GUIDO RUGGIERO (Miami) outlined guidelines and strategies for microhistory. He argued that though smaller-scale investigations are partial and unable fully to reconstruct, they can reintroduce people as the subjects of history, in contrast to many of the dominant (post-)modern macrohistorical concepts. His strategies for microhistory take this into account. Priestesses in the Italian town of Latisana, for example, were representatives of spirituality for the town at large. When spiritual power appeared to be abused, the townsfolk turned on them. The case served to illustrate how microhistorians must subject an individual or group to exhaustive archival research, preventing interpretations based solely on isolated incidents. Yet, at the same time, the speaker warned of rigid definitions and rules, as guidelines need to remain flexible.
JAMES AMELANG (Madrid) contrasted the parish’s historical significance with its relative neglect in early modern Spanish historiography. Scholars of seventeenth-century Barcelona, for example, rank membership in a guild or neighbourhood much higher than parish affiliation. Parishes were diverse in size, distribution, and coverage. In the North, they were denser than in the South. Despite their religious and charitable activities, parishes were not institutional recordkeepers as in other countries like England. The parish also played a political role: in the East, vestries appear highly developed, while in the West they overlapped with village councils. In this way political and spiritual commonweal often resided in the same people, if not technically in the same body.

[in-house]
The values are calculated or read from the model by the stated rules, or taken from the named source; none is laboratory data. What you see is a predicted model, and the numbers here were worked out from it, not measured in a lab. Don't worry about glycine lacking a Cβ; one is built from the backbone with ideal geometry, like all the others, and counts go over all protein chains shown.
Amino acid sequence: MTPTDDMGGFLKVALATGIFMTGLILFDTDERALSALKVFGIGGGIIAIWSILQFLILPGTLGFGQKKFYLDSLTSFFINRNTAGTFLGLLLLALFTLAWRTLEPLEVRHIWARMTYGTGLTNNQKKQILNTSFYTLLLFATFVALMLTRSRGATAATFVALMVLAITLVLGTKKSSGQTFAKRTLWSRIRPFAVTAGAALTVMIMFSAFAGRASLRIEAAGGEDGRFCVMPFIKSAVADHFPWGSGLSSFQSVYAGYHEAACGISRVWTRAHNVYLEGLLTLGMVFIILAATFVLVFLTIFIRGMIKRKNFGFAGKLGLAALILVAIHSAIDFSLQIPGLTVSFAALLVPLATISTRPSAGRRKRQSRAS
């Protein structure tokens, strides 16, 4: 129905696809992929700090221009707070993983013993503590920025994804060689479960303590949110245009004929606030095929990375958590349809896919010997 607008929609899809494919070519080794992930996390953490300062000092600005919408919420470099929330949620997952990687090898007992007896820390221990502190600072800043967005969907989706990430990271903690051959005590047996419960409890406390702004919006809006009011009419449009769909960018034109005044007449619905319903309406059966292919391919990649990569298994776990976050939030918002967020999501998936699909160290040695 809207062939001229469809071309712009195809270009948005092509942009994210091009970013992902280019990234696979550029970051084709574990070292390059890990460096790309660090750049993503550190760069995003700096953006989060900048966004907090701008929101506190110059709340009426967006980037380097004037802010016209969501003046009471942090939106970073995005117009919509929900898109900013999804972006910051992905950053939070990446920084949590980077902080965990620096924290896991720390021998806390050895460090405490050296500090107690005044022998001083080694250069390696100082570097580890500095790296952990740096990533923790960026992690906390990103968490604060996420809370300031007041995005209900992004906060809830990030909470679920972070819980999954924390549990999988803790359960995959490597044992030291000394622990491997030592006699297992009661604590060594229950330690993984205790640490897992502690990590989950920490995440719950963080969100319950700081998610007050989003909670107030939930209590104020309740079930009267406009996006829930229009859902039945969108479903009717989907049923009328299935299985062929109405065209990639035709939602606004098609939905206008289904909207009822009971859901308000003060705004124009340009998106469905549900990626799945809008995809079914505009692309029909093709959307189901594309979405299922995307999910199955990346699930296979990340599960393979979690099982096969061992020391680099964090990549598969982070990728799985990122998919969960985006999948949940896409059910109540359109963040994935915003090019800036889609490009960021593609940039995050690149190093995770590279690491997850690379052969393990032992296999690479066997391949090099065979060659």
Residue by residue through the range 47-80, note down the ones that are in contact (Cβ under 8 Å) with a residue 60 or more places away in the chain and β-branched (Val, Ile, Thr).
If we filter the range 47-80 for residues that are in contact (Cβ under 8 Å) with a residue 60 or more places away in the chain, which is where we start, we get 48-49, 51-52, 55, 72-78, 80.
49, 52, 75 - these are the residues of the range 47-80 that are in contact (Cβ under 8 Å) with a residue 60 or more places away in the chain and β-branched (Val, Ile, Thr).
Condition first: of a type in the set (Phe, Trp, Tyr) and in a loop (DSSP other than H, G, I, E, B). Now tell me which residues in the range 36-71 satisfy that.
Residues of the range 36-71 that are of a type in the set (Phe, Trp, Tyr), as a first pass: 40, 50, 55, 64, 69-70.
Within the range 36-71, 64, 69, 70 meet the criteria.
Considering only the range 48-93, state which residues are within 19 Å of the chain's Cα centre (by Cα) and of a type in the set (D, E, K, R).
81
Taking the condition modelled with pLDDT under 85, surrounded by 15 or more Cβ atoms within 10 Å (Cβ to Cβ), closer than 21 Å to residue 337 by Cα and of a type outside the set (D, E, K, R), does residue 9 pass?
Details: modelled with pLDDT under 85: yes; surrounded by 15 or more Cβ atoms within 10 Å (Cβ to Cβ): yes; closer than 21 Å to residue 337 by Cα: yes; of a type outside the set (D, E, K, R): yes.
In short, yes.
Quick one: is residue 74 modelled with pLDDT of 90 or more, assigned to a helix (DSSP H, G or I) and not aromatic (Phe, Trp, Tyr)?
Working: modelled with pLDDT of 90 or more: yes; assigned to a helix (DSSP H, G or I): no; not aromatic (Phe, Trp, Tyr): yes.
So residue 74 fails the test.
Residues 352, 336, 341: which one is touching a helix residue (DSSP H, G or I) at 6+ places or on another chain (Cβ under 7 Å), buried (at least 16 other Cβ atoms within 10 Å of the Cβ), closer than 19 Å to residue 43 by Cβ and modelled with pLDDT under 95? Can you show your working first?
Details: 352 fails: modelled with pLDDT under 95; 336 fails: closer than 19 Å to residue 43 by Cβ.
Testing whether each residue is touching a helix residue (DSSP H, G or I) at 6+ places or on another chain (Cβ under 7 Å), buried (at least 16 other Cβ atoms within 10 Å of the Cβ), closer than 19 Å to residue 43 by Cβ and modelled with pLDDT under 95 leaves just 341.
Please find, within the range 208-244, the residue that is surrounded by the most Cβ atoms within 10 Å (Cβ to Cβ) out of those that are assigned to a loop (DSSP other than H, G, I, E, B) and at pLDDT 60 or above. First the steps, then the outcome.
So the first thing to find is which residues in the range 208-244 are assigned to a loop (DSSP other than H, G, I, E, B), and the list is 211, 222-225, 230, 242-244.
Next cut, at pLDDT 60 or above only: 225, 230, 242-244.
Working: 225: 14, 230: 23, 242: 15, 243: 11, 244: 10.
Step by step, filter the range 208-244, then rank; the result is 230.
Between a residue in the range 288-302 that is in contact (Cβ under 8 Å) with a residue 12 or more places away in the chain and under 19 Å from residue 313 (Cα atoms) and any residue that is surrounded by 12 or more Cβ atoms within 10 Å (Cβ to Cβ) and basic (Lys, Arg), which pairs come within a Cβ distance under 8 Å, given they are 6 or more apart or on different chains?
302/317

JAMES COLLINS (Georgetown) challenged the Annales notion that early modern France was a stable, sedentary society by surveying evidence of geographical and social mobility. For example, 50 per cent of taxpayers who were resident in one town in 1623 had left somewhere else by 1630. He showed how tax records demonstrate significant changes in literacy and administration. The motives and aims for mobility are obvious too: women moved more often when they became widowed and needed to look for work, while mobile men often headed to places with higher rent, indicating social improvement. Analysing further documentation like crop yields and house censuses can help historians reconstruct networks of power in the economic, social, and political structures of over 30,000 early modern French parishes.